Permitting of Non-Tobacco Hookah Establishments (Amendment to Chapters 10 and 13 of Title 24 of the RCNY)

Adopted Rules: Closed to Comments

Agency:
Effective Date: 
Thursday, May 10, 2018
Download Copy of Adopted Rule (.pdf): 
 
 

Statement of Basis and Purpose

Introduction

Smoking is a leading cause of preventable premature death in New York City, increasing the risks of lung cancer, heart disease, and many other health hazards. To counter this threat, in 1988 the City enacted the Smoke-Free Air Act (SFAA), which has been amended several times.  The 2002 amendments restricted tobacco smoking in various indoor and outdoor public places. Despite the substantial progress in reducing both environmental smoke exposure and smoking, hookah smoking has been increasing in popularity as more establishments serve hookah, and its prevalence has been increasing, in particular, among the City’s youth.

Hookah or water pipe smoking involves heating “shisha”, which is typically composed of tobacco and/or other flavored or unflavored herbal substances, over burning charcoal, to create smoke that travels through a pipe immersed in cooling water, and that is inhaled by the smoker through a mouthpiece.  Regardless of whether the shisha contains tobacco, hookah smoking poses significant health risks to smokers and nonsmokers, including employees, at establishments that serve hookah. Hookah smoking produces emissions from burning both charcoal and shisha. Burning charcoal creates health hazards by emitting carbon monoxide, fine particulate matter, and various toxicants. Burning shisha has also been shown to emit multiple harmful substances regardless of its tobacco content, including carbon monoxide, polycyclic aromatic hydrocarbons, fine particulate matter, tar, and volatile aldehydes.

While risks associated with non-tobacco hookah smoking are established, air quality in the City’s hookah establishments is further compromised by evidence that many of them have been found to be serving shisha that contains tobacco. Tobacco-containing shisha has been shown to emit phenols, nicotine, and NNAL, a tobacco-specific nitrosamine. Therefore, patrons of hookah establishments may be smoking tobacco unwittingly, in addition to inhaling the harmful substances emitted by charcoal and shisha. To address these concerns, Local Law 187 of 2017 amended the SFAA to ban the smoking of non-tobacco shisha except at existing establishments that require a permit from the Department.  Local Law 190 of 2017 also requires establishments that obtain a permit for serving non-tobacco shisha to post signage developed by the Department that warns of its risks. These proposed amendments implement these laws.

Furthermore, given the health risks posed by non-tobacco smoking, Local Law 191 increases the minimum age for legal sales to 21 years of age for non-tobacco smoking products, including shisha that does not contain tobacco, pipes, water pipes, rolling papers, and herbal cigarettes. 

No Changes Made in Response to Comments Received by the Department

Approximately 20 people commented on the proposed rule at the public hearing held on March 14, 2018. Nearly all of the comments related to the requirement that an establishment generate at least 50% of its annual gross sales from the on-site sale of non-tobacco smoking products in order to obtain or renew a permit to operate as a non-tobacco hookah establishment. However, Local Law 187 already added this requirement to the Administrative Code:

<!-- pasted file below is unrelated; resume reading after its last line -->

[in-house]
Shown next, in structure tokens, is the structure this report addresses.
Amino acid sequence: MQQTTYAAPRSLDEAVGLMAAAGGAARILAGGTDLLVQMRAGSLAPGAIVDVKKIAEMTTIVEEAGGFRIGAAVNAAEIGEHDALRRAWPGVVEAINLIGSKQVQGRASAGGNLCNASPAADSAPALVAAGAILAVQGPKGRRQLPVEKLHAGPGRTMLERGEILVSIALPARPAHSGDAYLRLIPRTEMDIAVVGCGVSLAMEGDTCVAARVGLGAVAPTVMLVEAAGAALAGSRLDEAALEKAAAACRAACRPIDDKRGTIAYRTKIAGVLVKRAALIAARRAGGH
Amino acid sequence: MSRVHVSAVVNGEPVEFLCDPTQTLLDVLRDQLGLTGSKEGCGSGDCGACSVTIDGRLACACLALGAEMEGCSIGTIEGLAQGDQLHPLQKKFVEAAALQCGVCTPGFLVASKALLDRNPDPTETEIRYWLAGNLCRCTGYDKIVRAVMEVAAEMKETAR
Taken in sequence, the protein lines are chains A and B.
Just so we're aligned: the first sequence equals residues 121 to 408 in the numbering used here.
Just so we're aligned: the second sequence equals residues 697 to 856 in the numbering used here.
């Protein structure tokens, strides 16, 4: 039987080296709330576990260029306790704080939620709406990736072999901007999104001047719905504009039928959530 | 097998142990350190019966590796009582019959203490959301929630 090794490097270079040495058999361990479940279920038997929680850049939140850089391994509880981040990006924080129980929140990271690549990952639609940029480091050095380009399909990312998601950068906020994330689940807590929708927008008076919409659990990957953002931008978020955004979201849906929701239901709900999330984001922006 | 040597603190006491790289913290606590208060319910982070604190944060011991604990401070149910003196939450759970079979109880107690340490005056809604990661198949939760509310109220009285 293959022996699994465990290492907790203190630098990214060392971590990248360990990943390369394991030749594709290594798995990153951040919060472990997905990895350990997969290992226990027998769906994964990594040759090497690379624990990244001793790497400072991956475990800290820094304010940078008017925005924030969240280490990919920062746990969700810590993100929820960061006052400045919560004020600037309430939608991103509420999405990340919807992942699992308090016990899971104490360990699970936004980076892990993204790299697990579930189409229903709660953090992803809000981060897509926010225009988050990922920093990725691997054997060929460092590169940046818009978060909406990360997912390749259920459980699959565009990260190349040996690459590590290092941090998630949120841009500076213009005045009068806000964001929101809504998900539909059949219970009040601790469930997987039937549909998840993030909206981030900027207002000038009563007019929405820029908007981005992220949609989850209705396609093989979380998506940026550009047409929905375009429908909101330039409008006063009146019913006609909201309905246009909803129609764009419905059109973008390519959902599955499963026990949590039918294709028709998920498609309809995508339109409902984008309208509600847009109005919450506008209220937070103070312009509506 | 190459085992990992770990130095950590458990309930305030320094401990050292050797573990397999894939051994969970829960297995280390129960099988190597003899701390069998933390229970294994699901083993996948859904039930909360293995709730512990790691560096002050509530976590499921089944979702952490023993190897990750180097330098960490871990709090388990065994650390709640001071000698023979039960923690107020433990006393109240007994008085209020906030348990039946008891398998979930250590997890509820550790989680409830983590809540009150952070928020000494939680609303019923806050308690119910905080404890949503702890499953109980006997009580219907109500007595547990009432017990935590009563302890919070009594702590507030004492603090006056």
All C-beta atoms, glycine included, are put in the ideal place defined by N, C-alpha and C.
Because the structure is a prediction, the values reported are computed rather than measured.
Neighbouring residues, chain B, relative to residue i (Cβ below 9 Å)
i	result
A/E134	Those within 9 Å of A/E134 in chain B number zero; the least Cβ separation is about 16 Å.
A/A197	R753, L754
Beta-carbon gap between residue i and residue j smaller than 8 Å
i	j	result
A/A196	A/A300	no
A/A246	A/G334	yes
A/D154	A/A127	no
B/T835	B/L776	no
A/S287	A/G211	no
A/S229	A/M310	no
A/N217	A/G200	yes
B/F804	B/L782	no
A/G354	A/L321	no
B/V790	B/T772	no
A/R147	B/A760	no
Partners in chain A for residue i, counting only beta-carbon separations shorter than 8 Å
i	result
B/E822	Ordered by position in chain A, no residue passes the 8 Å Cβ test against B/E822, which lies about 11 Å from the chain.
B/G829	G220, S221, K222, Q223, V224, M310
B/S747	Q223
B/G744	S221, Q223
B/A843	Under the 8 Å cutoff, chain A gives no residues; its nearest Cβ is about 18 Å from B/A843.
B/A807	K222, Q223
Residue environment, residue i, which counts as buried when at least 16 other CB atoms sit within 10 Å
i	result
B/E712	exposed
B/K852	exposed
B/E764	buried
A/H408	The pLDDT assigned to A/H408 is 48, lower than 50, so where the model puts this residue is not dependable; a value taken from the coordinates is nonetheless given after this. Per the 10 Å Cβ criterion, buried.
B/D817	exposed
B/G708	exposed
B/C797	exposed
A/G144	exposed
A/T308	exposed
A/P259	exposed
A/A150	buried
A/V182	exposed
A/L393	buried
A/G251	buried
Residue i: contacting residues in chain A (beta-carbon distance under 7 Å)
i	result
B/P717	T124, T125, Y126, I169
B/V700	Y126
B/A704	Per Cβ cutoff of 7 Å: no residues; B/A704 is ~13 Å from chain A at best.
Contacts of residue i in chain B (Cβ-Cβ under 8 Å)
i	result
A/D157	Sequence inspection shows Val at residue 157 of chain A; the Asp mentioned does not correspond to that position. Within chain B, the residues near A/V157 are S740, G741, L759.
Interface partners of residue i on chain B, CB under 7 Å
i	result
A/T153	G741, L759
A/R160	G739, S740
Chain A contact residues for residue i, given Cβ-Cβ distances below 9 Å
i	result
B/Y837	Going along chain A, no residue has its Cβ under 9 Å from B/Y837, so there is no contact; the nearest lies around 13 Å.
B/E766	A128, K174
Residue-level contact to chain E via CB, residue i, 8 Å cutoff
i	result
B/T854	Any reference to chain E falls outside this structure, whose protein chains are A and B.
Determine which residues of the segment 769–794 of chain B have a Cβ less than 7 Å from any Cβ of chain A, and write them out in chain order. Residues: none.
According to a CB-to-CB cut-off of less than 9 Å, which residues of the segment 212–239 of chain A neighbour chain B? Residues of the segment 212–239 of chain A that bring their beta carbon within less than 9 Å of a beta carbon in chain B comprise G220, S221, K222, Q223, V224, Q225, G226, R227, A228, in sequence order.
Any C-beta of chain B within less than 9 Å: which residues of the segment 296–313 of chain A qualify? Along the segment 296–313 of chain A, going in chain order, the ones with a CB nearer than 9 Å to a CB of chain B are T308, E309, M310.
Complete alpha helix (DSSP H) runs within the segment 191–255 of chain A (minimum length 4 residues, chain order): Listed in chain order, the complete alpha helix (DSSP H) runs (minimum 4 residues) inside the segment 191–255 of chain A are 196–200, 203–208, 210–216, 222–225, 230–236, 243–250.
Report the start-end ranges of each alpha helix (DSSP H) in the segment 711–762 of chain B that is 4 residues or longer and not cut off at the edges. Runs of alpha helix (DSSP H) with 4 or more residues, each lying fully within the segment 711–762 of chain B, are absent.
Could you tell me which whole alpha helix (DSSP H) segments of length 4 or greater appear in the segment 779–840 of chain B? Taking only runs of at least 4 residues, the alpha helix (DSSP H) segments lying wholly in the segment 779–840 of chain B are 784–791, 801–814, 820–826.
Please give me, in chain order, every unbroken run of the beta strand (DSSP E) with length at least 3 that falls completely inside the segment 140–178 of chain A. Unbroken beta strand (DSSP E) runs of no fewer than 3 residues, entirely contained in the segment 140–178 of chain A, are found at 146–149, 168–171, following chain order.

To obtain and renew a permit issued pursuant to this section for a non-tobacco hookah establishment, a person shall demonstrate that: 1. Such non-tobacco hookah establishment generated 50 percent or more of its total annual gross sales during the preceding calendar from the on-site sale of non-tobacco smoking products. . . .

See Administrative Code § 17-513.5(g)(1). The Department does not have the authority to eliminate this requirement.  Thus, no changes are being made to the definition of a non-tobacco hookah establishment in subdivision (bb) of section 10-01 or to the requirement in section 10-18 that a non-tobacco hookah establishment generated 50% or more of its total annual gross sales during the preceding calendar year from the on-site sale of non-tobacco smoking products in order to obtain a permit.

The Department has made two additional changes to the proposed rule to clarify their application.

Section 10-21(c) has been amended to provide that the required warning signs, which will be provided by the Department and will vary in content, must contain two of four possible warning statements.

Section 10-23(b) has been amended to provide that a person is responsible for expert costs incurred by the Department only in the event that the Department proves at a hearing that such person violated subdivision (a) of section 17-508 of the New York City Administrative Code or subdivision 1 of section 1399-s of the New York State Public Health Law.    

Statutory Authority

The Department’s authority for these rules is found in section 1043 of the New York City Charter and sections 17-513 and 17-706 of the New York City Administrative Code.

Amendments

The Department amends subdivision (p) of section 10-01 of Title 24 of the Rules of the City of New York, adds paragraphs (aa) through (ee) to section10-01, and adds new sections 10-18 to 10-24. The Department also amends section 13-06 of Title 24 of the Rules of the City of New York.